Every business that uses hot melt adhesives knows the importance of keeping the production line running efficiently. Over time, degraded adhesive, or char, builds up in the nozzles, filters, hoses, and tanks, impairing the quality of the adhesive and leading to a range of mechanical problems. In this article, we discuss the six most common problems with hot melt systems (HMS) and how to resolve them.
1) Charred Adhesive In The Melting Tank
Char and gel appear in the melting tank when the temperature is set too high. Check what temperature the adhesive manufacturer recommends. Lower the temperature if the machine is set too high for the adhesive and ensure the temperature controller is functioning correctly.
2) Bubbles In The Adhesive
If air bubbles appear in your adhesive, the root cause can be overheating and thermal decomposition. Check that the HMS temperature setting is correct and, if you suspect your adhesive is contaminated, empty the tank, and clean the applicator. If the level of adhesive in the tank is low, refill it and clear the supply hose.
3) Nozzle Drips
If hot melt flows excessively or drips when the applicator is off, check the module, nozzles and tip. Replace any component that is worn or faulty. Dripping can also result from the air pressure being too low. Increase it as required.
4) Hot Melt “Stringing” Down The Line
When hot melt stays on the nozzle and “strings” down the line, ensure the nozzle is the correct distance from the substrate and adjust the spacing. The viscosity of the hot melt could be too high, or the HMS temperature set too low. Check and adjust as required.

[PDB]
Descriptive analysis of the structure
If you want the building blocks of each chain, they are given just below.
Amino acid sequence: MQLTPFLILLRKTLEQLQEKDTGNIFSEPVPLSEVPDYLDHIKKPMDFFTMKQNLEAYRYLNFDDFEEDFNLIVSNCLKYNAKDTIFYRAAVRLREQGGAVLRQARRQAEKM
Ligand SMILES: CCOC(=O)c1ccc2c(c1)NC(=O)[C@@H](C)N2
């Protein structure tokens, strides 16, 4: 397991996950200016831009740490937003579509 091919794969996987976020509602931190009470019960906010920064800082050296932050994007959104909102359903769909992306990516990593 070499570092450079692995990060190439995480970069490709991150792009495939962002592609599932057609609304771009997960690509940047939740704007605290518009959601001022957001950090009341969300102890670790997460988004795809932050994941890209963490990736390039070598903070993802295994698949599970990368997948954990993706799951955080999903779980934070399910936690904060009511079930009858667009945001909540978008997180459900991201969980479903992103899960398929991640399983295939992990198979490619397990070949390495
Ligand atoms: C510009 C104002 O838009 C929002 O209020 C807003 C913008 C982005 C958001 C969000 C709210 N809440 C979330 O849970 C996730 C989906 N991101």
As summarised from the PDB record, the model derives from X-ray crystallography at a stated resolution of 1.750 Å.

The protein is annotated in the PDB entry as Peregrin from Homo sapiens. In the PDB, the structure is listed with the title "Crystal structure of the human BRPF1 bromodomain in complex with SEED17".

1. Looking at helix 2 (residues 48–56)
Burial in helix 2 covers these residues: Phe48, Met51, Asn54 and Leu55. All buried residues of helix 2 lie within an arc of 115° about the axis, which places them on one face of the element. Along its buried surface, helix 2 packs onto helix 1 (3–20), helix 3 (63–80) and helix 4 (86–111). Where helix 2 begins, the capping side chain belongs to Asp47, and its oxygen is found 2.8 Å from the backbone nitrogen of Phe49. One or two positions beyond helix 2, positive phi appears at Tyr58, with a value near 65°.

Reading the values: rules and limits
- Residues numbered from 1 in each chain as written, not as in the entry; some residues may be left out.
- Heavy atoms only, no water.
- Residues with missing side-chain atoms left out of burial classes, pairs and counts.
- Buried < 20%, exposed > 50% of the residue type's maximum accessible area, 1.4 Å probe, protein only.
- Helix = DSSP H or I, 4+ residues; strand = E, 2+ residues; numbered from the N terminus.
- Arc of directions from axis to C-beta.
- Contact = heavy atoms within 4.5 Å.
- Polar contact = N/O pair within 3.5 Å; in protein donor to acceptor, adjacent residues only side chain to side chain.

5) Bead Squeezing Out Past The Flap
This can be the result of incorrect glue application in terms of quantity of glue or using the wrong size nozzle for your machine. If there is too much adhesive being delivered and leaking out from the substrate, lower the tanks air pressure to dispense less glue. Alternatively you can use a smaller sized nozzle.
6) Adhesive Failure
Adhesives are designed to ‘stick’ within a specific temperature range, so in case of poor penetration or adhesion failure, first check if the HMS temperature is set too low. Next, check the application pressure at the nozzle and ensure this is correct for your adhesive. If the pressure isn’t high enough, your HMS may be unable to deliver sufficient adhesive volume to your substrate to form the required bond strength.
Prevention Is Better Than Cure
Regular, scheduled maintenance is essential to keep your hot melt equipment working efficiently. Expert care sustains machine performance and avoids problems that impede high volume production runs.
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